Long before Airbnb appeared on the scene, I had short-term housemates in my Silver Spring, Maryland house just outside Washington D.C. The idea was that a person could rent a cute little room with a shared bathroom for a short-term—two weeks to six months. My home was an easy walk to the Metro. I owe the idea to a scholar friend, who when visiting from out of town pointed out that lots of scholars come to Washington D.C. to do research. How much better to spend grant money on research rather than hotels! I shifted from long-term housemates because I had a partner who had moved in and I realized that it’s not great to live with a couple when you are the third housemate.
Since it was short-term, I was often in the position of interviewing potential housemates. That’s how I developed the model for selecting a housemate that is the core of Sharing Housing 101 and my book “Sharing Housing, A Guidebook for Finding and Keeping Good Housemates.”
Airbnb was founded the same year I started writing the book. At first, I thought it would be helpful to the movement to share housing. Fourteen years later, I’m very concerned that Airbnb in fact competes with long-term home sharing.
The Airbnb Advantage
For homeowners considering renting out a room or space in their home to make a bit of money, Airbnb makes it pretty easy. The online platform is user friendly on smartphones as well as computers. It is easy to list a space, manage the money, and communicate with potential renters. As a homeowner you can read reviews of potential renters ahead of time. Airbnb ensures that reviews are completed by requiring both homeowner and renter to review the experience. The fact that it’s a short-term stay limits the sense of risk. The person will leave at the end of their stay. These factors make Airbnb quite attractive as a way to earn some extra money with available space.
The Airbnb Disadvantage
Managing an Airbnb rental is a job. The homeowner must clean the room, clean the bathroom, wash the sheets and towels, put out fresh towels, and make the bed. The room has to be ready according to when the renter comes—there is no postponing when the work needs to be done. The guest needs to be greeted—unless the room has a private entrance and that entrance is unlocked.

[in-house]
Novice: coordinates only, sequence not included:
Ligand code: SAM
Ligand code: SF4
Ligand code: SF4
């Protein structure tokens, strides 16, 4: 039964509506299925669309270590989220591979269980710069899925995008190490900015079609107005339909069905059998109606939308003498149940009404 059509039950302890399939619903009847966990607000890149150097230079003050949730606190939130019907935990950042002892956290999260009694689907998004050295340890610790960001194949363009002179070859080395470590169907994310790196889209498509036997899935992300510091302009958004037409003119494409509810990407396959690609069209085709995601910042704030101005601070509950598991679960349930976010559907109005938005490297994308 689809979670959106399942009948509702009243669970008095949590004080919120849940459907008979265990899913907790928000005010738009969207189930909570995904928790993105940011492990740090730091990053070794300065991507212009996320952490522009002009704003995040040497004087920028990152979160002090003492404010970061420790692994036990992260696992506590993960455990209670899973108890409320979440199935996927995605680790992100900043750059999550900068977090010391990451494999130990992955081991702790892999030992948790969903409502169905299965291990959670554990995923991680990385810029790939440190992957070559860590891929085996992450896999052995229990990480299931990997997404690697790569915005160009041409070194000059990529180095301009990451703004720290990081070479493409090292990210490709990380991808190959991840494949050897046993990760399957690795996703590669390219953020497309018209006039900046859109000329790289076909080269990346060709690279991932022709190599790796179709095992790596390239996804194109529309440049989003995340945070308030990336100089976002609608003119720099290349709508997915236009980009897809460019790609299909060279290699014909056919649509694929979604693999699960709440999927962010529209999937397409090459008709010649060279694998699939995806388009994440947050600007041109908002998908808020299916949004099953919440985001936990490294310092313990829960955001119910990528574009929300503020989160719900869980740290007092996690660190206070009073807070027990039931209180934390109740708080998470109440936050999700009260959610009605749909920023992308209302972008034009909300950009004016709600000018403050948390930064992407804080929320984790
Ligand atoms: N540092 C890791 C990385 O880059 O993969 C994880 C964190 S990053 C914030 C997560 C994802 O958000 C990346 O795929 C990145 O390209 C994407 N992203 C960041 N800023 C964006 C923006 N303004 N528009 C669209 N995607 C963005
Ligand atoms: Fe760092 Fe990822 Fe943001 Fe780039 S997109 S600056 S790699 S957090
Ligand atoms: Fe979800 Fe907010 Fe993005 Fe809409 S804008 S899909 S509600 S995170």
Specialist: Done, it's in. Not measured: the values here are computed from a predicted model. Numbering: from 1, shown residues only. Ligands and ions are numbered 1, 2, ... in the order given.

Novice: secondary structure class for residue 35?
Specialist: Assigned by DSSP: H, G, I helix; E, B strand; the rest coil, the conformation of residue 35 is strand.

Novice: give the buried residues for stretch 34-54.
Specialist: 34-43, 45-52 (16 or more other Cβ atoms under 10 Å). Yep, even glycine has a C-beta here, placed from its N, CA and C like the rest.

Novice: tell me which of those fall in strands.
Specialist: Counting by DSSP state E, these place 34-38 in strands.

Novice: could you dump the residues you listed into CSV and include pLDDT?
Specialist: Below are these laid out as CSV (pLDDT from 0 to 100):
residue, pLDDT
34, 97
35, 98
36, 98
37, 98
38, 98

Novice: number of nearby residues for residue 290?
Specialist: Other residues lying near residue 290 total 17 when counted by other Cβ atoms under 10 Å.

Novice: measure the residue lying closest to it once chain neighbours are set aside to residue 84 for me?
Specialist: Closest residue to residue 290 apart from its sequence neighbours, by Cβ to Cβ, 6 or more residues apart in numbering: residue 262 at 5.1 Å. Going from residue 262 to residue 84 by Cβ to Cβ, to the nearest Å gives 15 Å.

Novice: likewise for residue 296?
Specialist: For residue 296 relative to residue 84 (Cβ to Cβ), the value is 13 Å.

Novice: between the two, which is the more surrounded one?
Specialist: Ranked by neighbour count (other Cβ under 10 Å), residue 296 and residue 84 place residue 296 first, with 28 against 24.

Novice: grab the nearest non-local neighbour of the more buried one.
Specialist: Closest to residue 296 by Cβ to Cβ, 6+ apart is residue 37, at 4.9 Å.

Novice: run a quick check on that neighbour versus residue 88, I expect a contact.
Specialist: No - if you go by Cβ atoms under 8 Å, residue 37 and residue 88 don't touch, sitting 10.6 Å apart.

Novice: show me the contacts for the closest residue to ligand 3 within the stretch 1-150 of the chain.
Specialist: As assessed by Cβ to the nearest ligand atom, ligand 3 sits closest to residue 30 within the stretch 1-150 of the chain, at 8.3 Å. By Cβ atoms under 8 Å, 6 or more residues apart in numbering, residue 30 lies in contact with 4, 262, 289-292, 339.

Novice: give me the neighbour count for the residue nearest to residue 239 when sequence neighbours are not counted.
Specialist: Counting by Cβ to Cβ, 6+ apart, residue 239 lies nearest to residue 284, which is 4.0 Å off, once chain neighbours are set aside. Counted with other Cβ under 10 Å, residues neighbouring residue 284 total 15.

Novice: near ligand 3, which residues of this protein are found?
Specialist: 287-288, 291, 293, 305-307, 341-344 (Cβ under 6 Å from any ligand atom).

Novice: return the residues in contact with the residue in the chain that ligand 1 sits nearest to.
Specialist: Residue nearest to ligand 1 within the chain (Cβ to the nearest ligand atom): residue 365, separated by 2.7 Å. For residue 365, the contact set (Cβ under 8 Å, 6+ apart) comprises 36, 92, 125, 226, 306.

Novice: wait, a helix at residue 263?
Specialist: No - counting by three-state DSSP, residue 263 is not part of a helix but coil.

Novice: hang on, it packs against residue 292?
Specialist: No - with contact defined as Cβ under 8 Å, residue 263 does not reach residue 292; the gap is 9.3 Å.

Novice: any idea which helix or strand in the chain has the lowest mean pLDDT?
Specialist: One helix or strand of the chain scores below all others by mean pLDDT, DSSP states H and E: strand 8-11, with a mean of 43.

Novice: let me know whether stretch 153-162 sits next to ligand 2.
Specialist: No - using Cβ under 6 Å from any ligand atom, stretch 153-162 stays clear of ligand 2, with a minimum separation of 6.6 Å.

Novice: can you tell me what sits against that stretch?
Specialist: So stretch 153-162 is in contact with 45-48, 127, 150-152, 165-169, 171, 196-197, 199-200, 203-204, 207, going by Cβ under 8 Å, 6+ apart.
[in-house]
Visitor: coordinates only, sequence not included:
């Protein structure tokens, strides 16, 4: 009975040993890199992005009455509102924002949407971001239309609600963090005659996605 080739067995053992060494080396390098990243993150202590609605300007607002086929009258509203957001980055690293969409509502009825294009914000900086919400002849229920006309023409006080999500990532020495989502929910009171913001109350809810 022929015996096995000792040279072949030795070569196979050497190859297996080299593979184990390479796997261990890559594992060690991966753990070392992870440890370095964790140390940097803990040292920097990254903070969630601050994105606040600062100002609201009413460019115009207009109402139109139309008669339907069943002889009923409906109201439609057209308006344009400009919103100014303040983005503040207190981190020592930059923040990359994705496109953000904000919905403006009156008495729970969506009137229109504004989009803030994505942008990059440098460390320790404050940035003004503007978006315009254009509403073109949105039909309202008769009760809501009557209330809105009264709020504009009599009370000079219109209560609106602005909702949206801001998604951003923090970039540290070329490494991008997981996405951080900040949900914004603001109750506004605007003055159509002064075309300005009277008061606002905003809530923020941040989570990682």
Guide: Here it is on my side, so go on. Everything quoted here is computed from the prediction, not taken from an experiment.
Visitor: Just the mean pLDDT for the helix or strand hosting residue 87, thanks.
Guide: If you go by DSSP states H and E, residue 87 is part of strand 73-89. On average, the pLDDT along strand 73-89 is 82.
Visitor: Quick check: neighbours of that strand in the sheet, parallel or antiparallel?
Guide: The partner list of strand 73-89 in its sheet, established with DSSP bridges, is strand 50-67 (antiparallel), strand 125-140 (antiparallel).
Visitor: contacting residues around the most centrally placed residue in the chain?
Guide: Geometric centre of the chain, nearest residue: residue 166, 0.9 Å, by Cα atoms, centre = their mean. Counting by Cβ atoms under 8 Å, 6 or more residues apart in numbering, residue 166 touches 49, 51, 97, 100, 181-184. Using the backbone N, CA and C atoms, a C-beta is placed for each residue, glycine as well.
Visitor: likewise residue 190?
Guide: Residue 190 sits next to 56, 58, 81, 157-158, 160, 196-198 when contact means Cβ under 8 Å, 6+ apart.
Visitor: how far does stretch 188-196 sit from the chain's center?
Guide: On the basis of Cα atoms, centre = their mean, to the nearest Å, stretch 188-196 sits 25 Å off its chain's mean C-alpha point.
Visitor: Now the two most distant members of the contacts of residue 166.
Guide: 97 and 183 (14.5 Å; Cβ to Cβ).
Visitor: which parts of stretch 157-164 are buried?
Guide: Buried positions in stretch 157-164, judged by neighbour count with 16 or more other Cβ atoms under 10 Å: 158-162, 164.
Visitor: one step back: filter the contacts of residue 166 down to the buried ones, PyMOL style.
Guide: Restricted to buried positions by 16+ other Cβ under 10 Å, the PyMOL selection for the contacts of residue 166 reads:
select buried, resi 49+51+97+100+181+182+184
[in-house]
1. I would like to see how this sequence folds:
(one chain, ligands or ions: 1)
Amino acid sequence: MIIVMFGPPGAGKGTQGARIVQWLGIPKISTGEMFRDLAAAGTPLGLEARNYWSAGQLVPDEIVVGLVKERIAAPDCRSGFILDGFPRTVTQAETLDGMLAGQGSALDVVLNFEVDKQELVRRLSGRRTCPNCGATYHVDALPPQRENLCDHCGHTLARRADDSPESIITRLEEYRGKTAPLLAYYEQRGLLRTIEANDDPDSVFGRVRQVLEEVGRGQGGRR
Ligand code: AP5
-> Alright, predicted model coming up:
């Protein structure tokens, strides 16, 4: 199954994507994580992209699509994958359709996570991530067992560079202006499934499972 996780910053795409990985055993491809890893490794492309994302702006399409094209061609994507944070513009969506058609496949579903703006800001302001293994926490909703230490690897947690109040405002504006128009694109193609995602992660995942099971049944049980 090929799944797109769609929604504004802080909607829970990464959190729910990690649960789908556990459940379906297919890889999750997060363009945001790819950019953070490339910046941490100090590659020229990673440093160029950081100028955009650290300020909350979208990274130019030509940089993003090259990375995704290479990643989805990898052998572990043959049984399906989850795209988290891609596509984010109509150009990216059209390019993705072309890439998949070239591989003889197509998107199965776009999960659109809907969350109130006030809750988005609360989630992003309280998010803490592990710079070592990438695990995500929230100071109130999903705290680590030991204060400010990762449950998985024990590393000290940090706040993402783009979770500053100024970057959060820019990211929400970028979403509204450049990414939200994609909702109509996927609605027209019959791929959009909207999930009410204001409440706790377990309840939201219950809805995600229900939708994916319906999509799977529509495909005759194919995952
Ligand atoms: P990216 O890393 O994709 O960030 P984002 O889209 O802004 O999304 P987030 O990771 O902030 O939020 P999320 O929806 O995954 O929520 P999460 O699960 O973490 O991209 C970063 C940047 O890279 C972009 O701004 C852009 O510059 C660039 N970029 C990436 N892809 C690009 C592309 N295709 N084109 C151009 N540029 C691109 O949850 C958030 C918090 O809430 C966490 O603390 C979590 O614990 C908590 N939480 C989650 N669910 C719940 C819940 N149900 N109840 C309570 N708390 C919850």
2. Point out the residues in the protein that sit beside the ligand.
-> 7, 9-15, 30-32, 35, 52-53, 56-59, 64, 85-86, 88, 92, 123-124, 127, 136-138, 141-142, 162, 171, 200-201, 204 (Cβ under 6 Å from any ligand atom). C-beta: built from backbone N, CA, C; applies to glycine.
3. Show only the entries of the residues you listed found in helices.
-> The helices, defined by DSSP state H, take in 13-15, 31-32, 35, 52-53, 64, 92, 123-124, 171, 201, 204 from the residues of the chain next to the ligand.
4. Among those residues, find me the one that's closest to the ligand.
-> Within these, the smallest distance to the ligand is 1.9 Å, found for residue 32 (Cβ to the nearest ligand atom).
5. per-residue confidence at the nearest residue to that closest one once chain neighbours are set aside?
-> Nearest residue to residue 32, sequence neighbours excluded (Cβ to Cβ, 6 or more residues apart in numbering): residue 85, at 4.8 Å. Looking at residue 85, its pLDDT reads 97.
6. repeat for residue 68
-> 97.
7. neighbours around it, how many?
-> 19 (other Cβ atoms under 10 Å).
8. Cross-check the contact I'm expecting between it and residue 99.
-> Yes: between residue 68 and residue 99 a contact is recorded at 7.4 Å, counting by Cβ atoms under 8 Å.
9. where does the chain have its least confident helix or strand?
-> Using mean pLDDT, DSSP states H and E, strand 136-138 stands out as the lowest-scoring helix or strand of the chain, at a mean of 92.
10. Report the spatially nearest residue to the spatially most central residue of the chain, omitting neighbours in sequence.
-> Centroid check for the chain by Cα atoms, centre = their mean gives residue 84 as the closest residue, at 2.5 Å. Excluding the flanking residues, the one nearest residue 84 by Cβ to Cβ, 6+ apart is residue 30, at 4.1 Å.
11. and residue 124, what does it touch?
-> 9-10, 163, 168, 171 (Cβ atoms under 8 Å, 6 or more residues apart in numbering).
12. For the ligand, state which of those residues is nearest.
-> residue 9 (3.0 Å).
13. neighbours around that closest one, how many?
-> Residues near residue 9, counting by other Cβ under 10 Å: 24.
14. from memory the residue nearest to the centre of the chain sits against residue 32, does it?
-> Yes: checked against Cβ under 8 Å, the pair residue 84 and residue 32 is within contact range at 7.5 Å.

While the app makes it easy for people to book a rental, the homeowner also needs to respond to queries, give directions, and arrange to be present when the guest arrives. After the guest leaves, each Airbnb host writes a review about the guest. (Airbnb locks the renters review of the room until the owner has submitted a review.) A friend who has an Airbnb room says, “I spend a lot of time messaging.”
The Housemate Advantage
Long-term home sharing has benefits that Airbnb by definition doesn’t have. Housemates can have companionship. How it works out depends on the people but if they like and respect each other it is natural and human to enjoy each others company. Whether it’s chatting, eating a meal, or or otherwise hanging out together it feels good. It’s good to have the spontaneous social connection. We are wired to like it. Living together creates easy companionship.
Help in maintaining a home can range from splitting chores to deliberate agreements to exchange low rent for tasks. Some homeowners are purposeful in wanting specific help—for instance, driving or shopping. And certainly unlike an Airbnb rental, housemates take care of of their own rooms.
Finally, while homeowners might not earn as much as they might with Airbnb, the income is reliable and steady.
The tricky part, of course, is how to find and select a compatible housemate. There’s no one app that does what Airbnb does— the closest is Silvernest. It works for people who are in locations that have enough people in the app to be useful. Nesterly also seeks to connect people. Not online but there are matching services in some parts of the United States. Here is the directory** of where they are.
Most of the time it is best for a person who wants a housemate to do the work themselves! It’s why we have the resources we have on this website to teach the process I developed so many years ago; it is efficient and made me feel safe. It teaches how to pay attention to red flags and where to stop an interview process. Here on the website we offer a Kit and the mini-course Shared Housing 101. Please check them out.
A housemate who becomes a home-mate can make all the difference in the world. A good home-mate brings the comfort of knowing of having someone who would know if we didn’t come home at night.
** I counted 52 programs listed – but I know that one of them no longer exists so I don’t know how current the list is!